Finally, while the courts and some agencies, including the defendant State Department, have interpreted FOIA to require expedited processing of requests whenever an "exceptional need or urgency," or "substantial due process right" is at stake, the plaintiff fails to make the requisite showing that would warrant displacing other requesters in line ahead of him. See Freeman, 822 F. Supp. at 1067; Ferguson, 722 F. Supp. at 1141. First, the plaintiff's argument that he "need[s] the information for use in a future civil proceeding has generally been held to be insufficient to require expedition." Ferguson, 722 F. Supp. at 1141 (citing NLRB v. Robbins Tire & Rubber Co., 437 U.S. 214, 243, 98 S. Ct. 2311, 2327, 57 L. Ed. 2d 159 [witnesses statements need not be released prior to an unfair labor practice hearing because "FOIA was not intended to function as a discovery tool."]). Second, the Court finds, as a matter of law, that the nature of the plaintiff's proposed civil suit -- to enjoin the defendants from targeting him for "satellite-based assault," "surveillance" and "imprisonment" -- is:
far beyond the reach of currently-available technology. . . . In so ruling, the Court fully understands that technology marches on, and that mechanisms thought impossible in an earlier age are now common. However, unless and until a litigant can produce tangible or scientific evidence that shows the existence of ["Government-sponsored satellite-based attacks"], or at least the technology to produce it, this Court shall recognize no legal right to [expedited treatment of a FOIA request premised upon such a theory].
Doran v. McGinnis et al., 158 F.R.D. 383, 388 (E.D.Mich. 1994)(prison officials sued by prisoner on claims that they had implanted telepathic mind control device in his brain were entitled to summary judgment on ground that the plaintiff had stated facts which, to lucid mind, have no reasonable basis in reality and, hence, were unbelievable as a matter of law).
Accordingly, this Court will grant the defendant State Department's motion for a stay of the plaintiff's FOIA request for Items Two and Three until March 31, 1998 or until the plaintiff's request is processed, whichever is sooner.
2. Item Four
As noted previously, the State Department neglects to address the plaintiff's contention that Item Four of his FOIA request describes a subject that is searchable within the Department's records, contrary to the Department's initial response to the FOIA request. Additionally, the defendant State Department never advised the plaintiff or the Court whether plaintiff's efforts to clarify Item Four, in his follow-up letter to the agency, were adequate. (3/20/96 Sheils Decl., Exs. 5 and 6). Therefore, the Government is ordered to submit an affidavit from State Department personnel stating whether it adheres to its earlier determination that the request did not "reasonably describe the records sought," and, if so, an explanation as to why that is so.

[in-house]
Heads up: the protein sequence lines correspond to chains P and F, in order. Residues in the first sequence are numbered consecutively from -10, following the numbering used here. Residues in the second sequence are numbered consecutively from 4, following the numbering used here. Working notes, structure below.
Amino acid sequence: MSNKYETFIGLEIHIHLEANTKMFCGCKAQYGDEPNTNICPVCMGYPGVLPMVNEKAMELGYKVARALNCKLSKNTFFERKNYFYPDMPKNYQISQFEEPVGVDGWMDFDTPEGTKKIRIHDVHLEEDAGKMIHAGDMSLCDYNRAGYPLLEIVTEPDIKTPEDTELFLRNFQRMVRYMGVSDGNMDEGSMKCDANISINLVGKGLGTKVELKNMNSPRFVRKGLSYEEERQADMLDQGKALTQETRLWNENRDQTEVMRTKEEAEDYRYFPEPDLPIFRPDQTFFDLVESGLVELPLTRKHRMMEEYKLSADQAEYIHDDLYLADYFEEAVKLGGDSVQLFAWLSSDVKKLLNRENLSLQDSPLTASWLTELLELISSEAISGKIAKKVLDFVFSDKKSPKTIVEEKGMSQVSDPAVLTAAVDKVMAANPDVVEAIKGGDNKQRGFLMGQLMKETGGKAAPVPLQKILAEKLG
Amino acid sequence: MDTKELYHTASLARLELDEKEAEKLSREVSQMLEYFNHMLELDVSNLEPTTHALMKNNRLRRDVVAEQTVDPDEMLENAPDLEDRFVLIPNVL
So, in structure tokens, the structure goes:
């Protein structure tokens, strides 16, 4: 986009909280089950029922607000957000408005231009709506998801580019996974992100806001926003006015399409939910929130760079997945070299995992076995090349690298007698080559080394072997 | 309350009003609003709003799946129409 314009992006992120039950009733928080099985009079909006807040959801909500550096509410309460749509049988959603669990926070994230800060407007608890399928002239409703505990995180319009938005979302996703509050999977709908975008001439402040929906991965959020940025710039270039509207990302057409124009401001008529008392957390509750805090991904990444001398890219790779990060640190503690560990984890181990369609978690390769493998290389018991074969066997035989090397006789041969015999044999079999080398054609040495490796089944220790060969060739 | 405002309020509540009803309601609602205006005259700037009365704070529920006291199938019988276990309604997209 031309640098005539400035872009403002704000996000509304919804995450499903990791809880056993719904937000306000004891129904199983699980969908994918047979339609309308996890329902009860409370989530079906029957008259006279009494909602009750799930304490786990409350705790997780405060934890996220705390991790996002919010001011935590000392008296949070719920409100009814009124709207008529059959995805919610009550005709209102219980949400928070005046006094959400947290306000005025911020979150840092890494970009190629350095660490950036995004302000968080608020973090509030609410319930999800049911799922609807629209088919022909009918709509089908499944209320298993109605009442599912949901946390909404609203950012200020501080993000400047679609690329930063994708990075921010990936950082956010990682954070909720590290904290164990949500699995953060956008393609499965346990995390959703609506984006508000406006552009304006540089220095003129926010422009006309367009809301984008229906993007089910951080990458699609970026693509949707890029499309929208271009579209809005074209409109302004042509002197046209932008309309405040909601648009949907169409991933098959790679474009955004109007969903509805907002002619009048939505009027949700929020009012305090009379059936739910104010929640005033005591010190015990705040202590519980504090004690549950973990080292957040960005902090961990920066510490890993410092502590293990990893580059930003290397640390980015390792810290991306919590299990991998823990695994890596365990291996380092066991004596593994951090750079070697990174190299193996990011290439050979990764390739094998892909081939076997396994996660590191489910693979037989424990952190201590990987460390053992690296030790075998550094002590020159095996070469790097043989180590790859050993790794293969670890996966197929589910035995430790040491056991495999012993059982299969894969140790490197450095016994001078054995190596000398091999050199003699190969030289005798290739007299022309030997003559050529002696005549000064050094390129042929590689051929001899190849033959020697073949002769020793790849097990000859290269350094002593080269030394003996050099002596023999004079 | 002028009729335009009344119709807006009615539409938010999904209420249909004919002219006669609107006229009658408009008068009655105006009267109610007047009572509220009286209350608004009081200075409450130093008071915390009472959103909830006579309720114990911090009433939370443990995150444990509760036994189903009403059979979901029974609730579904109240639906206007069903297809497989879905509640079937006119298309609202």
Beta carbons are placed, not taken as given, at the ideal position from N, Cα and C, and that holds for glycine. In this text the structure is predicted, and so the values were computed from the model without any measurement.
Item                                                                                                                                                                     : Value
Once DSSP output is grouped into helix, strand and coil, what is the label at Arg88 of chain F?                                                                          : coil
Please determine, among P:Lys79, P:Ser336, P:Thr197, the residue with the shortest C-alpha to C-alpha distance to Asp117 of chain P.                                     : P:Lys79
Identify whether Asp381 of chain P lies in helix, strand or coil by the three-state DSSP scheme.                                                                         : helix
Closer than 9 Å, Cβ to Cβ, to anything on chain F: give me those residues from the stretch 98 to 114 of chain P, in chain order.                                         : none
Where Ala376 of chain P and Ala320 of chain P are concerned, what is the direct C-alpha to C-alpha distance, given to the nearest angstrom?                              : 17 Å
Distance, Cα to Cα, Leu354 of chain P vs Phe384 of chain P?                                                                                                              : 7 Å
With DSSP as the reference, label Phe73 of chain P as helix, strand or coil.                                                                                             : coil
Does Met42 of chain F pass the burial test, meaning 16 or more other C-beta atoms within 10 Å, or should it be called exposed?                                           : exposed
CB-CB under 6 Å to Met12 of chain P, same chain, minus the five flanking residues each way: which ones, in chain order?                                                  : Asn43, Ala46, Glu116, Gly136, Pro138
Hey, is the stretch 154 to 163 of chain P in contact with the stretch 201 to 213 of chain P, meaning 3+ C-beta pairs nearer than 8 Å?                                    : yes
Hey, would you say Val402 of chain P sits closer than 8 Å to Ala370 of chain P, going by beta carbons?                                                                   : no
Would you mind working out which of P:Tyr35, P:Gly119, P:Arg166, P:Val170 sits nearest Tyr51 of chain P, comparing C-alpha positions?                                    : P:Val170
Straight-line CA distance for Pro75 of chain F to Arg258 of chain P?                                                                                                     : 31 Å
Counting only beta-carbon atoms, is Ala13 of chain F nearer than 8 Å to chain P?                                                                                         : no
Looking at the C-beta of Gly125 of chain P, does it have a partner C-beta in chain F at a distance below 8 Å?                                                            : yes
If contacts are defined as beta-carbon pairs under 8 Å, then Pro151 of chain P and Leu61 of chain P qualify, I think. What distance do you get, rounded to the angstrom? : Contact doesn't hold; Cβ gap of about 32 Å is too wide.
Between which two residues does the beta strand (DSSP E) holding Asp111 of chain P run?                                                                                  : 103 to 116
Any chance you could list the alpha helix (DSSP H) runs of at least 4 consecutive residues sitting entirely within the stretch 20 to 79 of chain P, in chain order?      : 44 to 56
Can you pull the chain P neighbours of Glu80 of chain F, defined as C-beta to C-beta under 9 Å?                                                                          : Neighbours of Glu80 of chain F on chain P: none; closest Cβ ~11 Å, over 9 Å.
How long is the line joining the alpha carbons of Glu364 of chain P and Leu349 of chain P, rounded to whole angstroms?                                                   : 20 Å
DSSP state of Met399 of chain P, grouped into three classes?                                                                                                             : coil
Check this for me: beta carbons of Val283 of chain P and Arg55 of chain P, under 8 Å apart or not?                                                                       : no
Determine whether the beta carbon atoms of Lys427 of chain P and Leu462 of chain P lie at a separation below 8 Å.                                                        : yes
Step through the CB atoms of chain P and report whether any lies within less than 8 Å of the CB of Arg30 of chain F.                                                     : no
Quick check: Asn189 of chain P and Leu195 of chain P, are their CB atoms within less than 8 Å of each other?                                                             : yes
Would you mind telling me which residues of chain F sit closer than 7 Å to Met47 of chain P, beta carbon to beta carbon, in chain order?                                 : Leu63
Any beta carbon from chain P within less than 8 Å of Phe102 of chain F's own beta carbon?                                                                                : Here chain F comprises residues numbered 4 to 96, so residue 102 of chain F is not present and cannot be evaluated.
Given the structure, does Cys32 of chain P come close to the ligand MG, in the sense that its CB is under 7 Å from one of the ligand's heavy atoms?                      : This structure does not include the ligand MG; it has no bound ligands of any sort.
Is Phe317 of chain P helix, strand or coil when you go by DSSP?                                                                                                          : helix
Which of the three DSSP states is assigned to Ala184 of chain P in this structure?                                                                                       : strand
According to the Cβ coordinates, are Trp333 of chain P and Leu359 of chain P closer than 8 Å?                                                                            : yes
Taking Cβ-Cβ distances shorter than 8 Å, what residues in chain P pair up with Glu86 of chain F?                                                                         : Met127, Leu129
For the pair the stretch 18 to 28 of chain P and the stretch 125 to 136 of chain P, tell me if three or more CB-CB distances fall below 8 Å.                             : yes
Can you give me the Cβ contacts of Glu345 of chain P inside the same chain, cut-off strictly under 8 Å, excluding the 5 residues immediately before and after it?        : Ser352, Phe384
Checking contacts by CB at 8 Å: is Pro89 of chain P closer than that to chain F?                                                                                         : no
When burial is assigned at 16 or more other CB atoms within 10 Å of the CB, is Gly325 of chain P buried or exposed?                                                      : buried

IT IS, THEREFORE, ORDERED THAT:
(1) the pro se plaintiff is notified that: the Government CIA's motion to dismiss the plaintiff's claim relating to Item One of his FOIA request will be treated as a partial motion for summary judgment pursuant to Rule 56 of the Federal Rules of Civil Procedure; the plaintiff will be afforded ten days to respond to and offer evidence in opposition to the partial summary judgment motion upon receipt of the forthcoming supplemental affidavits of the defendant CIA, and; the plaintiff's failure to reply may result in the entry of partial summary judgment in the Government's favor with respect to the Item One of his FOIA request;
(2) the defendant CIA, within thirty (30) days of the date of this Order, shall file with this Court affidavits from supervisory personnel describing the structure of the agency's record systems, the identity of the files searched in response to the plaintiff's earlier Privacy Act requests, and an explanation as to why Item One of the plaintiff's FOIA request would have been uncovered in the earlier searches if it were in the agency's possession;
(3) the defendant CIA, within thirty (30) days of the date of this Order, shall submit an affidavit from supervisory personnel stating whether it adheres to its earlier determination that Item Four of the plaintiff's FOIA request did not "reasonably describe the records sought," and, if so, an explanation as to why it reached this conclusion;
(4) the defendant State Department's motion for a stay is granted until March 31, 1998;
(5) the defendant State Department shall submit, within thirty (30) days of the date of this Order, an affidavit from supervisory personnel stating whether it adheres to its earlier determination that Item Four of the plaintiff's FOIA request did not "reasonably describe the records sought," and, if so, an explanation as to why it reached this determination.
Dated: Uniondale, New York
October 7, 1997
Hon. Arthur D. Spatt
United States District Judge